Implicit Differentiation

When differentiating a function of one variable with respect to another (ie ), simply differentiate with respect to , then multiply by .

For example, find where . First, using the product rule to differentiate the first term:

The equation with all terms differentiated:

Rearranging to get in terms of :

Inverse Trig Functions

All the derivatives of the inverse trig functions are given in the data book. They can be derived as follows ( is used as an example).

Differentiating both sides with respect to x

Using pythagorean identity


Differentials describe small changes to values/functions

Recall that . This means this can be rewritten:

Dividing both sides by :

represents a relative change in y, and represents a relative change in x. This can be used to give approximations of how one quantity changes based upon another.

For example, given the mass of a sphere , where is the material density, estimate the change in mass when the radius is increased by 2%.

Dividing both sides by the original formula:

represents a relative change in radius, so when increases by 2%,

Meaning the mass increases by 6%.

Hyperbolic Functions

Hyperbolic functions have similar identities to circular trig functions. They're the same, except anywhere there is a product of two s, the term should be negated. Hyperbolic functions can also be defined in terms of exponential functions, making them easy to differentiate.

All the derivatives of hyperbolic functions are given in the formula book.

Parametric Differentiation

For a function given in parametric form , :

Partial Differentiation

For a function of two variables there are two gradients at the point , one in and one in . To find the gradient in the x direction, differentiate treating y as a constant. To find the gradient in the y direction, differentiate treating x as a constant. These are the two partial derivatives of the function, and .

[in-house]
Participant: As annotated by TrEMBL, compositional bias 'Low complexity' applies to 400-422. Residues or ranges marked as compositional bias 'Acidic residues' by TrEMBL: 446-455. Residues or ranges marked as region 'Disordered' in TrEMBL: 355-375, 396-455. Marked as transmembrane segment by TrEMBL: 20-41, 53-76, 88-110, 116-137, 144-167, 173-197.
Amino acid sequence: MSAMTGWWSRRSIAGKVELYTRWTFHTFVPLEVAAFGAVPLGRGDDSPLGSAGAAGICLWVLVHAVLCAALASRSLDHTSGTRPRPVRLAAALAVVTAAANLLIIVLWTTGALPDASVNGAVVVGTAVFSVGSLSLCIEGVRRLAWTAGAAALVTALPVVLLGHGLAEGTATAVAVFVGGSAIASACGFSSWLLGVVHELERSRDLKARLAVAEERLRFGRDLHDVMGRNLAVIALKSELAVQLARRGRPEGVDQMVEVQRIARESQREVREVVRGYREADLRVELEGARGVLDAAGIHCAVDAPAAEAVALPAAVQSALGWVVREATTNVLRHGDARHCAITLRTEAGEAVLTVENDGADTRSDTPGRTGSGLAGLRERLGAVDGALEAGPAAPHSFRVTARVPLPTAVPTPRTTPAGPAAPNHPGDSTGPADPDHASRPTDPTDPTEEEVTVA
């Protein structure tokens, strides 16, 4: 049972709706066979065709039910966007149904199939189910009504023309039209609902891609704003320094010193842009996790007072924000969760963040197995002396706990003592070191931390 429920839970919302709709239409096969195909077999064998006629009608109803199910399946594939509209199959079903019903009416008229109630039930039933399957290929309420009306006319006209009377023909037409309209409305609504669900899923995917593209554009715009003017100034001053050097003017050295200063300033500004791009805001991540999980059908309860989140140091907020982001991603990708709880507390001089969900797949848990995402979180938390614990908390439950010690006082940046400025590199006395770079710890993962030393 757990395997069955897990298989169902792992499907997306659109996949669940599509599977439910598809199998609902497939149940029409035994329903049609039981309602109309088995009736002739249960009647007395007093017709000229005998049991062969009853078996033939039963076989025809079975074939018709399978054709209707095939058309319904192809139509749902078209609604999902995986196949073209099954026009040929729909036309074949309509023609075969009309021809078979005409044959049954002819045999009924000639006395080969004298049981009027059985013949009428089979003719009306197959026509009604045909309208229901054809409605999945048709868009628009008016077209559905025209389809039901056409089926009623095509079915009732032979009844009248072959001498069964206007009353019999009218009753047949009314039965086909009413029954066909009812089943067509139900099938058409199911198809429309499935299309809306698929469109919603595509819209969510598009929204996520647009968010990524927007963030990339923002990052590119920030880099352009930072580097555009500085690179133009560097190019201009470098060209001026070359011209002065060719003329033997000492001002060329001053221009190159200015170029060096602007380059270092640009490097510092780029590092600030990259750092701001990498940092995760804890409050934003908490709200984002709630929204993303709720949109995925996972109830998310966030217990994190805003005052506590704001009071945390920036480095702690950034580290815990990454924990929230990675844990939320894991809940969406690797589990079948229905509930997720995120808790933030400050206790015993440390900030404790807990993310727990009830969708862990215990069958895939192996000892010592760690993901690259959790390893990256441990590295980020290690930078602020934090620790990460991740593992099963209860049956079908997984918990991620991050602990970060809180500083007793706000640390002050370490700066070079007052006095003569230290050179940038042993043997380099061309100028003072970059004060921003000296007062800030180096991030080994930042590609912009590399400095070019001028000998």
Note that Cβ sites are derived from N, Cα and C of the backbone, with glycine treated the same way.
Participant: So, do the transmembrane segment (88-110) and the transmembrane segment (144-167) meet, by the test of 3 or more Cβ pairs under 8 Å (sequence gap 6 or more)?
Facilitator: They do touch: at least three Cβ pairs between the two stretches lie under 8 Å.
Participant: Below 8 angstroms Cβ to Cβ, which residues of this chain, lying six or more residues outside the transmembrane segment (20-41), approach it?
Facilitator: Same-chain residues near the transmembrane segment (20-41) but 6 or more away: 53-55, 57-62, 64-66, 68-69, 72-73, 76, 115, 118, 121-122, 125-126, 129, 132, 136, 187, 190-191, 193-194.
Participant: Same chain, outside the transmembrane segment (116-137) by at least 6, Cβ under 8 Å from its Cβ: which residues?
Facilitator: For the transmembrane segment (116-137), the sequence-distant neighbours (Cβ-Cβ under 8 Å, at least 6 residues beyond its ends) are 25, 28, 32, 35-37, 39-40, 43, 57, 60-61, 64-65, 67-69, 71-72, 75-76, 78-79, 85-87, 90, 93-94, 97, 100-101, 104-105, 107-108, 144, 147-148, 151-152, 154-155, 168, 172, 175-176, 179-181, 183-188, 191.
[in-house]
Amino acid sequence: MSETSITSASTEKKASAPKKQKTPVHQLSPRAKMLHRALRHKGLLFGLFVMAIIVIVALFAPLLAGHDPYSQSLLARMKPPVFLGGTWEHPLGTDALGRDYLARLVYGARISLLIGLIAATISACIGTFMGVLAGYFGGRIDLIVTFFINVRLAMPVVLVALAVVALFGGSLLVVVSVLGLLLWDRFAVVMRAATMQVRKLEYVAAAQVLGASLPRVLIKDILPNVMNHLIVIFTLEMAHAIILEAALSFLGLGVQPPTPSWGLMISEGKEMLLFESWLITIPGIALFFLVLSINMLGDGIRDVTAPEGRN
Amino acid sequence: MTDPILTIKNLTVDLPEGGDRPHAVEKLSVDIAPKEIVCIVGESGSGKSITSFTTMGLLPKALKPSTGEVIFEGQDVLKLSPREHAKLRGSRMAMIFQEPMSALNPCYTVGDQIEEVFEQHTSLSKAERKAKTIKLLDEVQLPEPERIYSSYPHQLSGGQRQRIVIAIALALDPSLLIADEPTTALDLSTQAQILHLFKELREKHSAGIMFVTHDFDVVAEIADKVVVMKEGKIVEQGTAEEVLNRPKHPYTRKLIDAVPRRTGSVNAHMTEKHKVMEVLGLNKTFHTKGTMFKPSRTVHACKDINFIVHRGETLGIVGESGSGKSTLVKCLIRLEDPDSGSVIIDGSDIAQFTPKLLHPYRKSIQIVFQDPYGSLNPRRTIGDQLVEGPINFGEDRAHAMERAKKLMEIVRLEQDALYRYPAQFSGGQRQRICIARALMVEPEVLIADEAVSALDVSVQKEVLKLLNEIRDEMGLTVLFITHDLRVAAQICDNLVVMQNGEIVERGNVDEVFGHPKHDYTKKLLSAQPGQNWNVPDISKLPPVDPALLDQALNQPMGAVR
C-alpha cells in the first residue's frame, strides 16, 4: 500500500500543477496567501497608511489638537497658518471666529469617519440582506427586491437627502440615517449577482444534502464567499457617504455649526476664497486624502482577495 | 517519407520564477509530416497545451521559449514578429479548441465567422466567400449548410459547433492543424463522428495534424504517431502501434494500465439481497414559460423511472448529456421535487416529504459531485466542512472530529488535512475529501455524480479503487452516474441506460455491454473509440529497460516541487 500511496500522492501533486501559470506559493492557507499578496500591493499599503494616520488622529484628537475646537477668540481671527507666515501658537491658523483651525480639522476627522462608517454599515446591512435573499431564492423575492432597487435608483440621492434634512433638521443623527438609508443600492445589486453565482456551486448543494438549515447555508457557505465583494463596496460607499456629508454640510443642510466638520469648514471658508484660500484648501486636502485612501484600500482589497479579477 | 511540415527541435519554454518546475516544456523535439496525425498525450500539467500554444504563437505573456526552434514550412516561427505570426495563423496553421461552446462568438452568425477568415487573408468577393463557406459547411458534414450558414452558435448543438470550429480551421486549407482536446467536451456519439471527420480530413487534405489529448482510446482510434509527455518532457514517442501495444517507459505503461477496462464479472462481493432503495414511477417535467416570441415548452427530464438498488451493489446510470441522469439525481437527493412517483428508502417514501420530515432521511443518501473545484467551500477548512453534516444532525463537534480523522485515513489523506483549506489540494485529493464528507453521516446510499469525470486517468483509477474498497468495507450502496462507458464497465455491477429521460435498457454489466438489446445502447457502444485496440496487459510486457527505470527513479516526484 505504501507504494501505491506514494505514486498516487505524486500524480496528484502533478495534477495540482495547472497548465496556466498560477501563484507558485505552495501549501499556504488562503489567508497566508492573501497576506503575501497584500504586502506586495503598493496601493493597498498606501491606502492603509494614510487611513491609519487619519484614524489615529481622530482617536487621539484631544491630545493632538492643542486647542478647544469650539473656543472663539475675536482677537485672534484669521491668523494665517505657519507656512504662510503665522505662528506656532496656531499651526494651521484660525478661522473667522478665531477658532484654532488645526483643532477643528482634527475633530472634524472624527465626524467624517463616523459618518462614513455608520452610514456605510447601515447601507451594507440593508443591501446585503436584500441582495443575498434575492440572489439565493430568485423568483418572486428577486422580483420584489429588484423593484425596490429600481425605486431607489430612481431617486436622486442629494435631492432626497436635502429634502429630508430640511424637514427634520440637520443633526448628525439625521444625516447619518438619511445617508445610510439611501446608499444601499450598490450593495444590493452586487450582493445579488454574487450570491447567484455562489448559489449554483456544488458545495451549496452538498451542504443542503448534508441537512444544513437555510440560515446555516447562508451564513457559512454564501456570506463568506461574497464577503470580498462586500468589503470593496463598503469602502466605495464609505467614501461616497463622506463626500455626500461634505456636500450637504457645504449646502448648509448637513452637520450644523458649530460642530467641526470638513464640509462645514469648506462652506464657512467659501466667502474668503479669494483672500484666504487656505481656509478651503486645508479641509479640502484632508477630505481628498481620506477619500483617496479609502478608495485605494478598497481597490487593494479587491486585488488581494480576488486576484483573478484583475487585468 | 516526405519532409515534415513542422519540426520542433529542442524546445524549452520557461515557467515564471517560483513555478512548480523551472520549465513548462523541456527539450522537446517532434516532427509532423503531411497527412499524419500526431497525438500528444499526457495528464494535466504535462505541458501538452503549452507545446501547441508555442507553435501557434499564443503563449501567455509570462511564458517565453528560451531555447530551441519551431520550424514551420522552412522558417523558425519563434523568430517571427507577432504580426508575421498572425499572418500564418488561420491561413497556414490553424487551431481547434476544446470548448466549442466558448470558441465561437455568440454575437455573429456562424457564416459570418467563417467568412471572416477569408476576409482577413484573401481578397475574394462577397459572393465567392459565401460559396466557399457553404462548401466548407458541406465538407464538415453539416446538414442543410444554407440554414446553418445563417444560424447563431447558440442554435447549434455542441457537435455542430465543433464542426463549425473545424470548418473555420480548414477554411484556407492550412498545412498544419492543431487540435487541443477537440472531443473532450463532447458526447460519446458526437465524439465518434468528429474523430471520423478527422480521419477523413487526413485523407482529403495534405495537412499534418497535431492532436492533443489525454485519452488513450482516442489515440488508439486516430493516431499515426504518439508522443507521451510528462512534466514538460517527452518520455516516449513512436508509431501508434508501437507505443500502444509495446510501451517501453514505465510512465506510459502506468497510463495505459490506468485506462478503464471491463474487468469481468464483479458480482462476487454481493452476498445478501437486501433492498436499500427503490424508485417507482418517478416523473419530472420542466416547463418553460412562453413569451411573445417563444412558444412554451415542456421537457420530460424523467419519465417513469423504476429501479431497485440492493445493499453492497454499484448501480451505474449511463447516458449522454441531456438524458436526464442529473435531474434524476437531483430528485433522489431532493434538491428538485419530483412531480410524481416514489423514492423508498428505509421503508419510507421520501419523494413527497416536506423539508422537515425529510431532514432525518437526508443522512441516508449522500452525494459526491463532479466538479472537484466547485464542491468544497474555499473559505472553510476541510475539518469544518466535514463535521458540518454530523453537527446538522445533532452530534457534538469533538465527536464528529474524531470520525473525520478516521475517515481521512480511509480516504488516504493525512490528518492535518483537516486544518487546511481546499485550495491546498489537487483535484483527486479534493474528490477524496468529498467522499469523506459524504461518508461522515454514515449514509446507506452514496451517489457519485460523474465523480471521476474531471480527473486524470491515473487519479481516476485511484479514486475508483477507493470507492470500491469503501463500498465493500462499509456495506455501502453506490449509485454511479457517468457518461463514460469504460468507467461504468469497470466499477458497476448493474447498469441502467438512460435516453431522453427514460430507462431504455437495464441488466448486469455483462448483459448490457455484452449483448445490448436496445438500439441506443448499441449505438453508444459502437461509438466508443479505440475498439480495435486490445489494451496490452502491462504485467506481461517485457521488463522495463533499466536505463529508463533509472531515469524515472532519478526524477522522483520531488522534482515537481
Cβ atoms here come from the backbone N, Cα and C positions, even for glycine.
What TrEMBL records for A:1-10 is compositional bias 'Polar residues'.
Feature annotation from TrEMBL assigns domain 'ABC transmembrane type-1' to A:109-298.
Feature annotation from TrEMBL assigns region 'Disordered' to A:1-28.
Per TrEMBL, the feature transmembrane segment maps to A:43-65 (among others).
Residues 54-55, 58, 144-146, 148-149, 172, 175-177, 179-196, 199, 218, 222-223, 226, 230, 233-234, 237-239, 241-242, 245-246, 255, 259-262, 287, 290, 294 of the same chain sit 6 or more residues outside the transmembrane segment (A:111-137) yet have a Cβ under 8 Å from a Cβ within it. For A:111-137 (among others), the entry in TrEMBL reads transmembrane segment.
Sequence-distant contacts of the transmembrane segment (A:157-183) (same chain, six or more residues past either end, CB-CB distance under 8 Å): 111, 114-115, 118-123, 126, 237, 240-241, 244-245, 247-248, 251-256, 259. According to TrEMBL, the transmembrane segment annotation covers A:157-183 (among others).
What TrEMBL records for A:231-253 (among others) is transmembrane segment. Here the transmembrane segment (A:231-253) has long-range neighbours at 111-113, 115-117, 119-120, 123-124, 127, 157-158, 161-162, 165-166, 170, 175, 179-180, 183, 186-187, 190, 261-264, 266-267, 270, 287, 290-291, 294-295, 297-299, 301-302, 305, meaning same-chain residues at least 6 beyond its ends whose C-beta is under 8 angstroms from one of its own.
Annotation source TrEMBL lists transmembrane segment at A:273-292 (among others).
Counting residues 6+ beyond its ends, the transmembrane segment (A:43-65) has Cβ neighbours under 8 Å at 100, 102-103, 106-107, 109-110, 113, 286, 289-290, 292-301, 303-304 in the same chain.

For example, for a function :

Implicit Partial Differentiation

When a function of several variables is given and a partial derivative is required, differentiate the numerator of the partial derivative implicitly with respect to the denominator, and treat the third variable as constant. For example, find given :

Another example, find given

Higher Order Partial Derivatives

Three 2nd order derivatives for functions of 2 variables. For :

Note how for the last one, the order is interchangable as it yields the same result.

Chain Rule

The chain rule for a function , where x and y are functions of a parameter :

Total Differential

The total differential represents the total height gain or lost when moving along the function described by

Contour Plots

Along a line of a contour plot, the total differential is zero: the height doesn't change. This allows to be found